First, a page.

A study has suggested that depression could play a direct role in the development of type 2 diabetes.
Previous research has indicated that people with type 2 diabetes are approximately twice as likely to experience depression as those without diabetes. Also, people with depression were found to have a higher risk of developing type 2 diabetes.
However, the authors of a new study, published in the journal Diabetes Care, pointed out that it had remained unclear "if depression caused type 2, or vice versa", or if other factors were responsible for the link between the two conditions.
"Type 2 diabetes is complex, with multiple risk factors – and previous research has shown that the condition is more common in people with depression," explained Dr Elizabeth Robertson, director of research at Diabetes UK, which helped fund the investigation.
Depression Directly Increases Type 2 Diabetes Risk
For the study, led by the University of Surrey, researchers assessed the causal relationships and shared genetics between depression and type 2 diabetes. To do this they used two-sample bi-directional Mendelian randomisation to analyse genetic and health information of 19,344 people with type 2 diabetes, more than 5,000 people diagnosed with depression, and 153,079 who self-reported depression, to determine whether type 2 diabetes and depression could cause the development of the other.
The analysis revealed, for the first time, a "significant causal effect" for depression increasing the risk of developing type 2 diabetes (OR=1.26). Higher bodyweight partly, but not wholly, explained the effects of depression on type 2 diabetes, alerted the authors.
However, they found no evidence of causality in the reverse direction between type 2 diabetes and depression, they stressed.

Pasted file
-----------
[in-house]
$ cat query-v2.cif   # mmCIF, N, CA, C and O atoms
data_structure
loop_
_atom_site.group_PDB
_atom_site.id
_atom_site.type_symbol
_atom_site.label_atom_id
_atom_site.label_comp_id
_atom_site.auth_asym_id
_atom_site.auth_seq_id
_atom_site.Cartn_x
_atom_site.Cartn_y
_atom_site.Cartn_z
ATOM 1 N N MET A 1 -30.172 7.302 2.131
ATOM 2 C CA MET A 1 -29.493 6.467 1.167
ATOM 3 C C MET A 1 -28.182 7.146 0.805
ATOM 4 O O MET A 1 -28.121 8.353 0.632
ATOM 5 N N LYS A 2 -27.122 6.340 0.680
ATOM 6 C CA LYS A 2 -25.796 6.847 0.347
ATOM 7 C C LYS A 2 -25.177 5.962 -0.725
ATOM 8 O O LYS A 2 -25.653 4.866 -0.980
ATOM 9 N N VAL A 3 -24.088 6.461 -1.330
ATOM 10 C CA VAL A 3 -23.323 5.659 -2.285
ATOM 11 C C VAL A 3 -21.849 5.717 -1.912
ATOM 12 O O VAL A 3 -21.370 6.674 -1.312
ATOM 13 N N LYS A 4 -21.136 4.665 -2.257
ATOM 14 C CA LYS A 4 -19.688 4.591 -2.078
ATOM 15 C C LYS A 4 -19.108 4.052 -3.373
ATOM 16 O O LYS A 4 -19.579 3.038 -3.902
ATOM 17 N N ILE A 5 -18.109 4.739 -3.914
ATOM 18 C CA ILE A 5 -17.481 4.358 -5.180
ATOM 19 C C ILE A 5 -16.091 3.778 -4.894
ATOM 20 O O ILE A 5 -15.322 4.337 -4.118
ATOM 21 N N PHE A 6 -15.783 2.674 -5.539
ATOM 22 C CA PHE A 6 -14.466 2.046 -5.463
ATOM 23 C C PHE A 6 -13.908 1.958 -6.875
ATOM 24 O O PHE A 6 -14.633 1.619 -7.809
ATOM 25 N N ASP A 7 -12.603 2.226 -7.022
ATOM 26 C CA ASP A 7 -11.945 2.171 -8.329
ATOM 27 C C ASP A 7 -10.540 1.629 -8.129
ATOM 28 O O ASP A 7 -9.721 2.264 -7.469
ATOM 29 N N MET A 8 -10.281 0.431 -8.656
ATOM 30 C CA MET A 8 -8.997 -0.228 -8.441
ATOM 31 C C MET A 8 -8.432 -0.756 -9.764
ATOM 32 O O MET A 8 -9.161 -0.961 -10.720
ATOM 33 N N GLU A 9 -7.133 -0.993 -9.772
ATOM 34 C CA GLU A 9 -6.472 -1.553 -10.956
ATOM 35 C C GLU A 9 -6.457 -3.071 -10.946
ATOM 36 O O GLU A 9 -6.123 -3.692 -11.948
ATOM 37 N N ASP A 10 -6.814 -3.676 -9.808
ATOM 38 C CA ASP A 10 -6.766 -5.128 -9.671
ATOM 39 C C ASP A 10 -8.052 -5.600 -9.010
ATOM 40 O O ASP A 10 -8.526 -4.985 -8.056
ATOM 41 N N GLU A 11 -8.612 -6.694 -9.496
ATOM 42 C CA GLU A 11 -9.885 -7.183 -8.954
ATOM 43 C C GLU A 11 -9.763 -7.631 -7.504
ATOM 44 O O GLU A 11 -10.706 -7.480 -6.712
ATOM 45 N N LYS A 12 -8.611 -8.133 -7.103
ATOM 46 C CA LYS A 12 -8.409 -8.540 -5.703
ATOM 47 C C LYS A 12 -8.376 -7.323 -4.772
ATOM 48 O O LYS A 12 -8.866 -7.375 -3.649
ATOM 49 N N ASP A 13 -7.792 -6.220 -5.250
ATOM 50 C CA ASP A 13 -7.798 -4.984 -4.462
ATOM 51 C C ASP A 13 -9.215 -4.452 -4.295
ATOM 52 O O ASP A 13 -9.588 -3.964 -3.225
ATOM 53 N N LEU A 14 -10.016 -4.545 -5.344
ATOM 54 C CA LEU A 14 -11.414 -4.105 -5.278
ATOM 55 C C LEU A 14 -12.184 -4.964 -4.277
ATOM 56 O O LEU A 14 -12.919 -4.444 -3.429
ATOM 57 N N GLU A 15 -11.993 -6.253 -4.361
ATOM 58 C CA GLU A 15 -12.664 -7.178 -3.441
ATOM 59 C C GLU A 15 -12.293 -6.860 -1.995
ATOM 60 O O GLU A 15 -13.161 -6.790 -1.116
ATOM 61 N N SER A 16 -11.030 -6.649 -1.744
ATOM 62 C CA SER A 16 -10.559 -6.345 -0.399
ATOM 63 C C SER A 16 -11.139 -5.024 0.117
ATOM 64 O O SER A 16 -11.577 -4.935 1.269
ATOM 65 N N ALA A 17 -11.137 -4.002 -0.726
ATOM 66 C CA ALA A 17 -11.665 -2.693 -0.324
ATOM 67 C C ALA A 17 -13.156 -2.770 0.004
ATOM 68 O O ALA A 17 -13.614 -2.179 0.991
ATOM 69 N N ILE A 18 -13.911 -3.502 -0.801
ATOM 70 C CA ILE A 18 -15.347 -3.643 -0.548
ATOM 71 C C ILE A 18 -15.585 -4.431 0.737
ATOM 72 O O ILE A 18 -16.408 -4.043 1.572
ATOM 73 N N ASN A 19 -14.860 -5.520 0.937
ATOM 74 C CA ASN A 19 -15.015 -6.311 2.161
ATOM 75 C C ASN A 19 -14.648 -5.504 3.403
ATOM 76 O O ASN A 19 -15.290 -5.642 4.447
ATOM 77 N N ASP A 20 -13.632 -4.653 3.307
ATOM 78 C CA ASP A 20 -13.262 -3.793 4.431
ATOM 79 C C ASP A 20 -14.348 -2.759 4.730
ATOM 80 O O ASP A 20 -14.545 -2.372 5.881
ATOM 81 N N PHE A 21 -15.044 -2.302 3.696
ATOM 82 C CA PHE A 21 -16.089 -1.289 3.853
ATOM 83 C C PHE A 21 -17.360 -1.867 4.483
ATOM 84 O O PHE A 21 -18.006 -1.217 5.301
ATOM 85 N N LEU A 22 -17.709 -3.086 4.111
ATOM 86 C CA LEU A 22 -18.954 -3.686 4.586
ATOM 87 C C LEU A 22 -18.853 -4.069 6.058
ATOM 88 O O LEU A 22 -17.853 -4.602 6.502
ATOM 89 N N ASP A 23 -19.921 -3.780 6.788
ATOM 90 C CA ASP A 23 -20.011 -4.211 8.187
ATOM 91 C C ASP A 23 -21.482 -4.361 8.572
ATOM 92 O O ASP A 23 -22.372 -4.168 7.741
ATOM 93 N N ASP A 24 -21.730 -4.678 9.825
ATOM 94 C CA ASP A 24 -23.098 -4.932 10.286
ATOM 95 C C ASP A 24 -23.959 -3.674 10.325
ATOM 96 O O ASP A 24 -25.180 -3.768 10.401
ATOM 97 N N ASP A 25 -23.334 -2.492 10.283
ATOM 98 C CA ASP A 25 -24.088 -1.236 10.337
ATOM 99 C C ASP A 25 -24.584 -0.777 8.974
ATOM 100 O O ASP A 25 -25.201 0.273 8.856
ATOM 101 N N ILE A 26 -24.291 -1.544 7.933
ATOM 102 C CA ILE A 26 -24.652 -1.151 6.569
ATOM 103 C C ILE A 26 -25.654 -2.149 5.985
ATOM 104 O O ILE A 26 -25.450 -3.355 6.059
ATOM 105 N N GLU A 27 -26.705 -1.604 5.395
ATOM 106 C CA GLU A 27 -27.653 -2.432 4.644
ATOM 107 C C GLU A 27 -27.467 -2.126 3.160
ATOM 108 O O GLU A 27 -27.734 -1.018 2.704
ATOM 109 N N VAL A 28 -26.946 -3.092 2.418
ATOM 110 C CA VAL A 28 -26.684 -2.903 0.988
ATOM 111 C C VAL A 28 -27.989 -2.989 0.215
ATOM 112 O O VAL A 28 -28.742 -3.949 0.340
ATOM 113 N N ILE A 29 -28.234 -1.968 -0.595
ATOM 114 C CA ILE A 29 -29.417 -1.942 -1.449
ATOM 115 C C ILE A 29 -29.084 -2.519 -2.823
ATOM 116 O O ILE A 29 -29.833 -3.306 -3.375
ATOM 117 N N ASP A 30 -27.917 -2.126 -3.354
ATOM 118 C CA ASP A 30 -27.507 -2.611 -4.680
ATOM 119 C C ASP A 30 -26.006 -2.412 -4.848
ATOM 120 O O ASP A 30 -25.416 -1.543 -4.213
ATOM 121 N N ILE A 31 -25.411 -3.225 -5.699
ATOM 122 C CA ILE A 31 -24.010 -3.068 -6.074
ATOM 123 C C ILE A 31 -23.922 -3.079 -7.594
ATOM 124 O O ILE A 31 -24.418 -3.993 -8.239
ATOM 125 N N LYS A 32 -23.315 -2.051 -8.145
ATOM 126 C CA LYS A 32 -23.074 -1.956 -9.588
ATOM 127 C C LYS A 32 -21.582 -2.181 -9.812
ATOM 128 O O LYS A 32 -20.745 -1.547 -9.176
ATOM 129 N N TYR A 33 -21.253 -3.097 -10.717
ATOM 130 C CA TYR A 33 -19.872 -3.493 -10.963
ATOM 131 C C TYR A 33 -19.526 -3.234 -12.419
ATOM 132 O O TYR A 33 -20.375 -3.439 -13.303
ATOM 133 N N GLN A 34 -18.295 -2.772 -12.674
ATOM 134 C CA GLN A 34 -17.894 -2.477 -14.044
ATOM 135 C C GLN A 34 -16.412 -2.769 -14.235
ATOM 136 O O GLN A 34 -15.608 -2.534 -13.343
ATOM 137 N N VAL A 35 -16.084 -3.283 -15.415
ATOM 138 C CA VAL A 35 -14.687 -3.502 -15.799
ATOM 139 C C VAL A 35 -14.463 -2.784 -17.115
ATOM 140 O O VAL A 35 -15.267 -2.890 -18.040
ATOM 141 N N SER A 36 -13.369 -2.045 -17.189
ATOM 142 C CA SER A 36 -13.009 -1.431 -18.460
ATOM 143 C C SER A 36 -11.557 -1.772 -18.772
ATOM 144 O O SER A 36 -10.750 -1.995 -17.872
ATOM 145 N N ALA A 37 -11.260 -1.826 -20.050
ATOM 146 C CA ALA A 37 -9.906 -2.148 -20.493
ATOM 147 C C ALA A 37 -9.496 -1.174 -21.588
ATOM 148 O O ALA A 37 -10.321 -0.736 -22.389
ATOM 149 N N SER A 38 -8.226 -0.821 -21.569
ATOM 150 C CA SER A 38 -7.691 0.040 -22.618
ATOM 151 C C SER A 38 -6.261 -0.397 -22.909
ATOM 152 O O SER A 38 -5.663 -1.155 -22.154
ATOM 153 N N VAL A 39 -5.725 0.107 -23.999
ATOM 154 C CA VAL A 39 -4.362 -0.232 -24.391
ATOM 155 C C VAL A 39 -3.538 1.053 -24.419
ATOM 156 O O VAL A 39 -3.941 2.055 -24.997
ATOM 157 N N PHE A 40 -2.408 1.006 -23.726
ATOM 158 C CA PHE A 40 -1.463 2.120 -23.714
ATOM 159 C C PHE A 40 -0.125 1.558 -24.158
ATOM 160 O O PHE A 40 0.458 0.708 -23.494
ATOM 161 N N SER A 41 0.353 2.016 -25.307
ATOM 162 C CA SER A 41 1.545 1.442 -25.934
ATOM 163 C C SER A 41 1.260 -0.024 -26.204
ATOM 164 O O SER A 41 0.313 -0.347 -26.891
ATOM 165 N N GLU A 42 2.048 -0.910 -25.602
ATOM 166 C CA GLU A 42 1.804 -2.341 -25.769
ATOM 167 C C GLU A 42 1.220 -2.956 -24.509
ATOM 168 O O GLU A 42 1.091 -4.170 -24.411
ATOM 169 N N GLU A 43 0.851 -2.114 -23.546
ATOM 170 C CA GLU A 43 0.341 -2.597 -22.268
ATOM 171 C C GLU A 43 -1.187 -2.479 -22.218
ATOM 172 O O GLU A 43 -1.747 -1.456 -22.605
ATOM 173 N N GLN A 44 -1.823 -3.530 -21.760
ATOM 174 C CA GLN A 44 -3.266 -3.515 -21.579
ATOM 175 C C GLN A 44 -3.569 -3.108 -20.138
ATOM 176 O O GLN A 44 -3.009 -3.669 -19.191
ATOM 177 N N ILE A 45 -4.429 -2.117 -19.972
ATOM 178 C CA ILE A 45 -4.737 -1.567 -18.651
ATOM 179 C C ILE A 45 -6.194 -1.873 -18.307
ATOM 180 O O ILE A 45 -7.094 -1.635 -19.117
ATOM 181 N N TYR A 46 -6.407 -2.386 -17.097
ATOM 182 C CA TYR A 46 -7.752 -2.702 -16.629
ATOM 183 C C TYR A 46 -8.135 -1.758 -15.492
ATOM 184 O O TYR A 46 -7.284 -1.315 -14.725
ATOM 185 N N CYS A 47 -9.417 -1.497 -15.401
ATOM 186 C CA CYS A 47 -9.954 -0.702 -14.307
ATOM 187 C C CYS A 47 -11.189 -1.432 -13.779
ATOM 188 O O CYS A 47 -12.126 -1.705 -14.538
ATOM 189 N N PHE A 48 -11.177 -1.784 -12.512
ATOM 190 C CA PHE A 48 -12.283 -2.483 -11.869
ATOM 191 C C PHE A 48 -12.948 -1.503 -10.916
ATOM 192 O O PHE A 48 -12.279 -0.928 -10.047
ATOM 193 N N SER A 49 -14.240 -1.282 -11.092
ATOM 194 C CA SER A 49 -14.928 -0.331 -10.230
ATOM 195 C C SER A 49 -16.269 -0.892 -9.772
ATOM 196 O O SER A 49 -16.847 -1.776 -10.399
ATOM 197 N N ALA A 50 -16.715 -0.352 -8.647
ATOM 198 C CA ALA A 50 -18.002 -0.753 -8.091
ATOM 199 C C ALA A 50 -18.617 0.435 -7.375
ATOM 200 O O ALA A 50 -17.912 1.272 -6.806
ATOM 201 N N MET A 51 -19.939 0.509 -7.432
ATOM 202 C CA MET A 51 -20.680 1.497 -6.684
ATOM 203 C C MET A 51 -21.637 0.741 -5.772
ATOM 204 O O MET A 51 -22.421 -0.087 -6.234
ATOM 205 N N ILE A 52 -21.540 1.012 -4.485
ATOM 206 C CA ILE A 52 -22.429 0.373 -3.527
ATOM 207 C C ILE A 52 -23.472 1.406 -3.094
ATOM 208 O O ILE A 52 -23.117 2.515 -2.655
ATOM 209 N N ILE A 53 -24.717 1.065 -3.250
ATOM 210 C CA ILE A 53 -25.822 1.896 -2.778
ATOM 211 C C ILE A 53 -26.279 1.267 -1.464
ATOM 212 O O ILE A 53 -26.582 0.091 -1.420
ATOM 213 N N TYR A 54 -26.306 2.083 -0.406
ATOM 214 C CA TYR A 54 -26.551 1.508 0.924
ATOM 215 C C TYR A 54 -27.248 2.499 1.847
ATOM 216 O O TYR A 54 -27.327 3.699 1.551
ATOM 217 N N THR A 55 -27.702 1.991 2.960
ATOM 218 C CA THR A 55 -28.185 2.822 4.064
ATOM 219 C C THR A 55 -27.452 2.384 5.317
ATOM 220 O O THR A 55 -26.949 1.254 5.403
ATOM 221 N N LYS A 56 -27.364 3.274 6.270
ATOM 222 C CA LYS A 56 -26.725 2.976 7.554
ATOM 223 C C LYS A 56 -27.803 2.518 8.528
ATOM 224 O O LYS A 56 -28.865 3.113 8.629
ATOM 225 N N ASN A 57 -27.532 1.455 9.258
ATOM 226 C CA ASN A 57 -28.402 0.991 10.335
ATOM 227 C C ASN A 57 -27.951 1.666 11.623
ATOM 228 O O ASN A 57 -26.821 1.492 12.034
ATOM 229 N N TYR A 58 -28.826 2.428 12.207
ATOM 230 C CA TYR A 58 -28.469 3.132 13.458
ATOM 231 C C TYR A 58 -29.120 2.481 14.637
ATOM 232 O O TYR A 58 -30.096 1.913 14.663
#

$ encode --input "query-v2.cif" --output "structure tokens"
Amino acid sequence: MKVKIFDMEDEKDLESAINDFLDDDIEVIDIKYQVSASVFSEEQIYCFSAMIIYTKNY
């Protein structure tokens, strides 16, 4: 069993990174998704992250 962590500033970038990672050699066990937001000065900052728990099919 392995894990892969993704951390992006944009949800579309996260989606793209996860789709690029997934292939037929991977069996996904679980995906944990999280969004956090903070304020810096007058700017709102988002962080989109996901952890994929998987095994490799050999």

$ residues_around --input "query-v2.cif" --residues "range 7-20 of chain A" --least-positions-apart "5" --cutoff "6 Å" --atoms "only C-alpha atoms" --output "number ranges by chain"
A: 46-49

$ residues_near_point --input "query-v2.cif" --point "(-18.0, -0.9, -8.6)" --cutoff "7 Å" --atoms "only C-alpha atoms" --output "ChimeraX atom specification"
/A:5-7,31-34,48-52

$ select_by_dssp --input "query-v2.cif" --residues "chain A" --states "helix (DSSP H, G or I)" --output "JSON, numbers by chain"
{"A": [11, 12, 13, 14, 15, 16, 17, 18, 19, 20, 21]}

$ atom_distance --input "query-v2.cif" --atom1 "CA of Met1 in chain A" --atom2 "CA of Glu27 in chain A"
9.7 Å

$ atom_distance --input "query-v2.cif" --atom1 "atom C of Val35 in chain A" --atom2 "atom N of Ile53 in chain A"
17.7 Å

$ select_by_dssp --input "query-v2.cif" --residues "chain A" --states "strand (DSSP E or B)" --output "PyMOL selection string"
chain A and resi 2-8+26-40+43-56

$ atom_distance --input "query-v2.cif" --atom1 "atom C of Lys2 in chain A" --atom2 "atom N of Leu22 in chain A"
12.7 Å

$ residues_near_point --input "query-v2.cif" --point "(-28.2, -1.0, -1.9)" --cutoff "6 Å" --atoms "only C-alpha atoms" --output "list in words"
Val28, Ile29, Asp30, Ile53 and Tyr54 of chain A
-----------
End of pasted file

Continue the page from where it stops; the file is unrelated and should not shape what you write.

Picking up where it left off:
Having performed mediation analysis, the researchers found that "36.5% of the effect from depression to type 2 diabetes was mediated by BMI".
The researchers further pinpointed seven genetic variants that contribute to both type 2 diabetes and depression. The shared genes play a role in insulin secretion or inflammation in the brain, pancreas, or fat tissue, with changes in these biological processes potentially explaining how depression increases risk of type 2 diabetes.
The "hugely important" study provided new insights into the links between genetics, type 2 diabetes and depression, highlighted Dr Robertson, who proposed that depression should "now be considered a risk factor" for type 2 diabetes.
Prevention Efforts Helped
People with depression would benefit from a type 2 diabetes risk assessment, suggested the authors, so these people could be supported to avoid developing the condition.
Inga Prokopenko, professor e-One Health and head of statistical multi-omics at the University of Surrey, said that the "discovery illuminates depression as a contributing cause of type 2 diabetes and could help to improve prevention efforts".
Diabetes UK emphasised how it was "vital" that people with diabetes received care and support for both the physical and mental impact the condition can have on health.
The authors highlighted the "importance to prevent type 2 diabetes at the onset of depressive symptoms" and postulated that "anti-depressant treatment offered to people with depression at risk of type 2 diabetes should favour those that provide better glycaemic control such as selective serotonin reuptake inhibitors (SSRIs)".
Dr Robertson said: "This knowledge could help healthcare professionals to improve care and support for people with a history of depression and prevent more cases of type 2 diabetes."